Baldoz lauds MECO Labor Centers in Taiwan for providing worker-protective mechanisms to OFWs

Date Posted: November 7th, 2014 05:38 AM


Baldoz lauds MECO Labor Centers in Taiwan for providing worker-protective mechanisms to OFWs Labor and Employment Secretary Rosalinda Dimapilis-Baldoz has lauded the efforts of the Manila Economic and Cultural Office (MECO) Labor Centers in Taiwan in enhancing the protection of overseas Filipino workers in that country through worker-protective policy reforms. “Given the evolution of Taiwanese labor policies for migrant workers our MECO Labor Centers in Taipei, Taichung, and Kaohshiung have been working hard to implement worker-protective mechanisms, as well as training and skills development programs to provide migrant workers options and leverages to improve their choices for their future,” said Baldoz. Baldoz’s commendation came after Undersecretary Reydeluz D. Conferido reported that although the labor market in Taiwan provides better work opportunities for overseas Filipino workers, the MECO Labor Centers still receive complaints, particularly on excessive placement and other fees collected from workers applying for jobs in the said country. “Realizing the various aspects and dynamics of recruitment practices in Taiwan, the MECO Labor Centers employ various policy responses to address the situation. These includes the establishment of open communication channel with Taiwan’s Ministry of Labor and the institution of mechanisms through which OFWs can access information about their rights, redress of grievances, and protection from abuse,” Baldoz explained. In his report, Conferido, who was coordinating labor representative of the MECO Labor Centers, before he was appointed undersecretary, summarized the policy responses as follows: promotion of Special Hiring Program for Taiwan (SHPT), the government-mediated, direct hiring system that provides hiring option that do not use a broker or recruiter, thereby reducing costs of recruitment and deployment for both workers and employers; linkages with various non-government organization, faith-based organizations, community organizations, and representatives from labor-sending countries to articulate issues and options for reforms; partnership with the Ministry of Justice Investigation Bureau of Taiwan and local brigades of the Ministry of Interior to build-up human trafficking cases against operators of systematic recruitment and lending and collection of excessive fees schemes to discourage illegal practices; and awareness-raising on inherent and bargaining leverages of Philippine Recruitment Agencies to improve businesses by implementing the Philippine Overseas Employment Administration’s policy on the maintenance of foreign recruitment agencies of two PRAs at any given time. Conferido also reported that the MECO Labor Centers have instituted one-on-one interviews with representatives of Taiwanese brokers to explain labor policies on illegal recruitment; suspension of documentary processing of agencies, brokers, and employers who do not respond to workers’ complaints; and continuous education of Filipino workers on their rights and obligations. “The MECO Labor Centers have been relentless in bringing up the challenges for reform to the Taiwanese government, so that Filipino migrant workers may enjoy fair, more transparent, and sustainable terms and conditions of employement, and so that Taiwan could be a model for other labor receiving countries,” said Conferido in his report. By helping create an environment conducive to labor reforms, Conferido said OFWs have benefitted, such as in terms of increased minimum wages from NT$17,880 (P26,371.03) in 2011; to NT$18,780 (P27,698.43) in 2013; to NT$19,047 (P28,092.23) in 2013; and NT$19,273 (P28,425.55) in 2014. The MECO Labor Centers also facilitated the return of the excess placement collections amounting to NT$23.96 million (P35.34 million) in 2012; NT$29.18 million (P43 million) in 2012; and NT$104 million (P153.39 million) in 2013 to OFWs. The Center has also provided entrepreneurial trainings to 4,498 OFWs in 2011; 6,433 OFWs in 2012; and 11,079 in 2013. End/letmaring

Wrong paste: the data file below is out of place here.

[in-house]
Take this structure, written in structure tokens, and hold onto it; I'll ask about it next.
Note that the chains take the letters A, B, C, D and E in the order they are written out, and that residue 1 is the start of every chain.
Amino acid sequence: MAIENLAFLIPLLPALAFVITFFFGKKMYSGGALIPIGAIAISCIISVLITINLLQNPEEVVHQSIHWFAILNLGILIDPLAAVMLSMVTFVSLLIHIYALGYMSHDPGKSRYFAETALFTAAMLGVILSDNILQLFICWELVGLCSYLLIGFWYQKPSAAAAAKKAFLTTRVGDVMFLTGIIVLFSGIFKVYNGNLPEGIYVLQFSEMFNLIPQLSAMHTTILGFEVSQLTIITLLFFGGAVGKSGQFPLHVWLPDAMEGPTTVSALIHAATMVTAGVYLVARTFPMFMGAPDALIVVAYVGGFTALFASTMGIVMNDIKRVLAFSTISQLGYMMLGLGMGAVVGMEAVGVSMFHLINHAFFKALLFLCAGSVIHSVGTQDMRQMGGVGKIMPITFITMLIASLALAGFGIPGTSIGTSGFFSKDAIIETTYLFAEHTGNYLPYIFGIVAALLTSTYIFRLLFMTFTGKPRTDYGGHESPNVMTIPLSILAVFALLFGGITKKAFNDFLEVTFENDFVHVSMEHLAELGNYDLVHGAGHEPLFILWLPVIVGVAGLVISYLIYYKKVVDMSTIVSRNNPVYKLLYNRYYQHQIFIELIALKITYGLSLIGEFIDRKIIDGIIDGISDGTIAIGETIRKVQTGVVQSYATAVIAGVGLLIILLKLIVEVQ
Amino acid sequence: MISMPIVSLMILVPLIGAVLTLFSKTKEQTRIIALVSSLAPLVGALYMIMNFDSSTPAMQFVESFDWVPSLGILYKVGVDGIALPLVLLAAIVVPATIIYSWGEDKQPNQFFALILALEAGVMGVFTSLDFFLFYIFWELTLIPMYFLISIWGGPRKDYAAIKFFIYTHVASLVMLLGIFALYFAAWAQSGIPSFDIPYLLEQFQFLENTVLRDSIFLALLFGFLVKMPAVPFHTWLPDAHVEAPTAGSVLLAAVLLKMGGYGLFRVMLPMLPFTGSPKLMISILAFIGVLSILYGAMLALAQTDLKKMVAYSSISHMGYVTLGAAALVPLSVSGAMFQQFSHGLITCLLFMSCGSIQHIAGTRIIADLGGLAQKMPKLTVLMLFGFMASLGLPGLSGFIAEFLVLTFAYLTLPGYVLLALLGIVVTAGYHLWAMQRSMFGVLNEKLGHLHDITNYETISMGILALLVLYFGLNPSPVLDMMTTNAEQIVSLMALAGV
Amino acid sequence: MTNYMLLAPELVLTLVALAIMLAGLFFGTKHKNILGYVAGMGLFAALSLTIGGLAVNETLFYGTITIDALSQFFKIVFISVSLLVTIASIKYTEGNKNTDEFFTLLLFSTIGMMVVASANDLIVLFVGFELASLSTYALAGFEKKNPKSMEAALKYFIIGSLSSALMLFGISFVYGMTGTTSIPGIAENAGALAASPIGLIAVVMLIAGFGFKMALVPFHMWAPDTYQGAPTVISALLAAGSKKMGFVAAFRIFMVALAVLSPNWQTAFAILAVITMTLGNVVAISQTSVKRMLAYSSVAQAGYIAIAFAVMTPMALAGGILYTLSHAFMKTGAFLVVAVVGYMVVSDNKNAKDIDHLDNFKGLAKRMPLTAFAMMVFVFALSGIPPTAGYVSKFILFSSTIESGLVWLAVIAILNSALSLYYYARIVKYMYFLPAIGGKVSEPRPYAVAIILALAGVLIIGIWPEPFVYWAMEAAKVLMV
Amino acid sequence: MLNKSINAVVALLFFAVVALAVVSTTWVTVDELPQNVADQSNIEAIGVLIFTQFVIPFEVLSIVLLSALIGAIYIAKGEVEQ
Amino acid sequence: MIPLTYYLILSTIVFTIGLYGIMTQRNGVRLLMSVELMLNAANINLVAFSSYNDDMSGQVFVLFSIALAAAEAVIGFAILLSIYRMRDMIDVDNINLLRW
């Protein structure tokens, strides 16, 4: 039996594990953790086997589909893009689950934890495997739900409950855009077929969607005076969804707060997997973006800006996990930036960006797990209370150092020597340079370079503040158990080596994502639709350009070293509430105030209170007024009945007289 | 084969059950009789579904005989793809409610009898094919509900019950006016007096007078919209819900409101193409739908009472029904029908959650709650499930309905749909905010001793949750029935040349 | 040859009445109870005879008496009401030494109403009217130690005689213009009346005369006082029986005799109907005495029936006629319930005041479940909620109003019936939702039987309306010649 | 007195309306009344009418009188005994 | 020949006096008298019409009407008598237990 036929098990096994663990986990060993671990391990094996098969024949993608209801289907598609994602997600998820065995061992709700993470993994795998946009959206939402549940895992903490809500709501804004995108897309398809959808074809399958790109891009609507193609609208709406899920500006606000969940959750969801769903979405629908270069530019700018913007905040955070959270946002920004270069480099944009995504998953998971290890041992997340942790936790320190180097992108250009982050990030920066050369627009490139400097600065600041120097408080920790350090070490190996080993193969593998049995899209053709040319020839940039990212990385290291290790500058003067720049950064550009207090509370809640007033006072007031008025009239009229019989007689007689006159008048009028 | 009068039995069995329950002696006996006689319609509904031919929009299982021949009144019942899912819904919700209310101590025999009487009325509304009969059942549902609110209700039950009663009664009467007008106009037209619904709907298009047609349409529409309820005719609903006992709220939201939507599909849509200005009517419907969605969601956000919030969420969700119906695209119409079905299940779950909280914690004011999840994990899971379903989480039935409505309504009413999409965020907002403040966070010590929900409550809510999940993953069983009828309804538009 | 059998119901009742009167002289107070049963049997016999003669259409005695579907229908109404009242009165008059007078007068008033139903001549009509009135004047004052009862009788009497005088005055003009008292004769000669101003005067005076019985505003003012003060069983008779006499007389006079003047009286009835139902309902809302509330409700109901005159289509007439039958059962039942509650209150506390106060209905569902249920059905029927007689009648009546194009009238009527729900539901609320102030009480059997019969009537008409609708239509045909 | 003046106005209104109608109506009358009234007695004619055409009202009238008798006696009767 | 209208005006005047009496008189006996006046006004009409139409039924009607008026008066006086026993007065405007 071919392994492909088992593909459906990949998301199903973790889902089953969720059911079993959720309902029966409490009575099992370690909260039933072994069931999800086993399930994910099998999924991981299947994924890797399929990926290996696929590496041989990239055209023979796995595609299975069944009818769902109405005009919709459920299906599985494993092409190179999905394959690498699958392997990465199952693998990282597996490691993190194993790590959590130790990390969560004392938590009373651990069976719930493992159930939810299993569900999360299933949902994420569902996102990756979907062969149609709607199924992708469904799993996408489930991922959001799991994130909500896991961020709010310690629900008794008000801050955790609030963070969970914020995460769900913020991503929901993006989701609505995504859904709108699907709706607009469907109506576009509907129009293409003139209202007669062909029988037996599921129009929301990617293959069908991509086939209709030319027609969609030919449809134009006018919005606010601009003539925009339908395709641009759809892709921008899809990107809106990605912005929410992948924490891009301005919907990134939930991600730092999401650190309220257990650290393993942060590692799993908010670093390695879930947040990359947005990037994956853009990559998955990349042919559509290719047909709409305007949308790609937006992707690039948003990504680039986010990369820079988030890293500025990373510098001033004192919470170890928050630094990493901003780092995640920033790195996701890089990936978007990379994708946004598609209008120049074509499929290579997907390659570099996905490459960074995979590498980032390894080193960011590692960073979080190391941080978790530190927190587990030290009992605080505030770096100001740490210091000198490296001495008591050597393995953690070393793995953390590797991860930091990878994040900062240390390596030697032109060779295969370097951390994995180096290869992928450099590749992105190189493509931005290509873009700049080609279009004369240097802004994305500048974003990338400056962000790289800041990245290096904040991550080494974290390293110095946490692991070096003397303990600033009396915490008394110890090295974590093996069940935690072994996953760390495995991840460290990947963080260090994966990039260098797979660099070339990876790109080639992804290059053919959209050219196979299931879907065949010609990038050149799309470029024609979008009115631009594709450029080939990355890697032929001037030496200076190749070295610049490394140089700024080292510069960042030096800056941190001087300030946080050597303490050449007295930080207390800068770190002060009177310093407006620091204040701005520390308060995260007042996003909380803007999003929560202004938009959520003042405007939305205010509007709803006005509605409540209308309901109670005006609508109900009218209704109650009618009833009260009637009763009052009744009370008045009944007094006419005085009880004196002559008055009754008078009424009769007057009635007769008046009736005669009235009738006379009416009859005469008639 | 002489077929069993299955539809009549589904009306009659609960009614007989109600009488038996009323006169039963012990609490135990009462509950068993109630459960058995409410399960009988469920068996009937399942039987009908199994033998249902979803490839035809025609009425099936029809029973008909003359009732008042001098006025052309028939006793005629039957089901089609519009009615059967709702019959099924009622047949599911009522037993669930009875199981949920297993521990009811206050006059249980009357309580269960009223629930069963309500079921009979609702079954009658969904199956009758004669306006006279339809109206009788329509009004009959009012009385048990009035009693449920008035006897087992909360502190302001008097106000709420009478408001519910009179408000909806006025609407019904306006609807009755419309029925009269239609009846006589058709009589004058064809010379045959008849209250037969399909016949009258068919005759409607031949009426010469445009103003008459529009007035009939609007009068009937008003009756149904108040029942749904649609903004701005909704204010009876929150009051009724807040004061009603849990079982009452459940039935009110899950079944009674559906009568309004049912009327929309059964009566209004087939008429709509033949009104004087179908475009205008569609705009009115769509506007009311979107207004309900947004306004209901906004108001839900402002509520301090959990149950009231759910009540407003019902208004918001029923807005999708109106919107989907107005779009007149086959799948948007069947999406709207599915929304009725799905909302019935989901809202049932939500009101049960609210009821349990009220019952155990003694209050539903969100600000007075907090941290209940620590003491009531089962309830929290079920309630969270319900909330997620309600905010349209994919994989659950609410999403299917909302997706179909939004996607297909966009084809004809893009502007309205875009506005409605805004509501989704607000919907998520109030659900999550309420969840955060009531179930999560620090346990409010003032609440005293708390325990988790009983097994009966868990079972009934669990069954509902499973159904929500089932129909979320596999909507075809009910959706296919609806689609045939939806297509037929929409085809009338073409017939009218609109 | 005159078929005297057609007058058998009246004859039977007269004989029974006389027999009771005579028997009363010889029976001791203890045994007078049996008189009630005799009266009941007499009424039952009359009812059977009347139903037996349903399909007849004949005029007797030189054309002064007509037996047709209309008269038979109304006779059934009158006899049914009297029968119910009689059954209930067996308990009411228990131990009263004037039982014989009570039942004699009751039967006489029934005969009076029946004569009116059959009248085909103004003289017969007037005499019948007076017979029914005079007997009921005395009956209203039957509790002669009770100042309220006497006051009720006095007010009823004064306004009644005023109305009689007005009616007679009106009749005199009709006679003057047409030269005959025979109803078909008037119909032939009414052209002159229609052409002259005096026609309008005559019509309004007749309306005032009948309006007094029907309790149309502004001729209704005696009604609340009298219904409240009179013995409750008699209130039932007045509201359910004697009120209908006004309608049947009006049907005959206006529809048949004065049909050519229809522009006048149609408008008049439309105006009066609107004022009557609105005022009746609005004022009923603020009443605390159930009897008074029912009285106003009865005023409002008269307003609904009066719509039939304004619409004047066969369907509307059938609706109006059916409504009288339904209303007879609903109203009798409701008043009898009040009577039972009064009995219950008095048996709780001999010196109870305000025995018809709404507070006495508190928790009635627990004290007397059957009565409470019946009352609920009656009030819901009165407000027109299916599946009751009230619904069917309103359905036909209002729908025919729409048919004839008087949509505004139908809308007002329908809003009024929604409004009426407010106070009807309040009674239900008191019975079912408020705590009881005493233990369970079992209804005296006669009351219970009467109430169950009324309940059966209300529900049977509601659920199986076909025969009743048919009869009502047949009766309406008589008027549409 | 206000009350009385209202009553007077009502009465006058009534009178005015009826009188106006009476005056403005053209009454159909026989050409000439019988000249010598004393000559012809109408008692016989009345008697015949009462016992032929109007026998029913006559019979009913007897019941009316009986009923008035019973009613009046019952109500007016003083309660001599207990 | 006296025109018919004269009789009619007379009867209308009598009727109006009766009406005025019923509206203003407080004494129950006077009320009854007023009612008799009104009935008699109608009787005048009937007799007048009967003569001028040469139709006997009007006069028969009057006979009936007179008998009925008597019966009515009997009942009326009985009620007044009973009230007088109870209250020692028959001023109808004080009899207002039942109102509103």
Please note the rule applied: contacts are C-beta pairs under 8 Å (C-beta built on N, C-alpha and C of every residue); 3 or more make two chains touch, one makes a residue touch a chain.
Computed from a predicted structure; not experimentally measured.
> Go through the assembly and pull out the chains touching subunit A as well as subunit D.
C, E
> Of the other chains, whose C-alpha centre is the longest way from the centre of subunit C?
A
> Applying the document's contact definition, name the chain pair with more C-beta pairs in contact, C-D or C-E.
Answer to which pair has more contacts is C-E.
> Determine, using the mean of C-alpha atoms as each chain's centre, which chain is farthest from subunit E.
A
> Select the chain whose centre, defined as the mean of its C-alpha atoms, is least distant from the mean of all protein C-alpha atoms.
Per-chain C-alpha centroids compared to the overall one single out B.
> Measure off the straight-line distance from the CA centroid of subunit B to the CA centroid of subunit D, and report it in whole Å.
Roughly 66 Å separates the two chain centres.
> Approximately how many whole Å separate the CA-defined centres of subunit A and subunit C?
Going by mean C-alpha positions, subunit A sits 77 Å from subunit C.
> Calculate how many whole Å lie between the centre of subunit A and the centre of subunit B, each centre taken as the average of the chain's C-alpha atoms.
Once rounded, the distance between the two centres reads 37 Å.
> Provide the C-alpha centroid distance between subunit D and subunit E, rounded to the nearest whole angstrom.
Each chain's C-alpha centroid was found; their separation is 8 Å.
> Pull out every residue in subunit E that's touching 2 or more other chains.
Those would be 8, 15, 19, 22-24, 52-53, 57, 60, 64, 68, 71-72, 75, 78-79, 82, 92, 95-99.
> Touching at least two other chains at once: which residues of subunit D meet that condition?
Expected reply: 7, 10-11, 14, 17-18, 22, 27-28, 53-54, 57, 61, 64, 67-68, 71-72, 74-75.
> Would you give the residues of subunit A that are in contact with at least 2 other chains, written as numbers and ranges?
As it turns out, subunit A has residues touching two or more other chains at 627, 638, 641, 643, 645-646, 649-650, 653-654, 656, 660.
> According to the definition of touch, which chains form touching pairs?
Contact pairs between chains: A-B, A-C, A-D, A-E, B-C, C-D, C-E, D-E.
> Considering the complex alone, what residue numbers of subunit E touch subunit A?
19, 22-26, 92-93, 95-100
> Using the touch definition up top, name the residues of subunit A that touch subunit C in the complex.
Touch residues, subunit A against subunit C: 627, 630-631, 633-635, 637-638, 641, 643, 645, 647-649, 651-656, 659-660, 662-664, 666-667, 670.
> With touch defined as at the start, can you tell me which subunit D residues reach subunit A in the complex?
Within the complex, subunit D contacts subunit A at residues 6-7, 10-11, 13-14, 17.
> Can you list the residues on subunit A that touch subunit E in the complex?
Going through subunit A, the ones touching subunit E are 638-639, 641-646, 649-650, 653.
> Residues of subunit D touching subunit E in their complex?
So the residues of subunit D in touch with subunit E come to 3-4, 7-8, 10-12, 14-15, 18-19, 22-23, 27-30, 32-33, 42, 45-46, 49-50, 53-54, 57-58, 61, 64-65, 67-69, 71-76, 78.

Created Nov 10th 2014, 13:10


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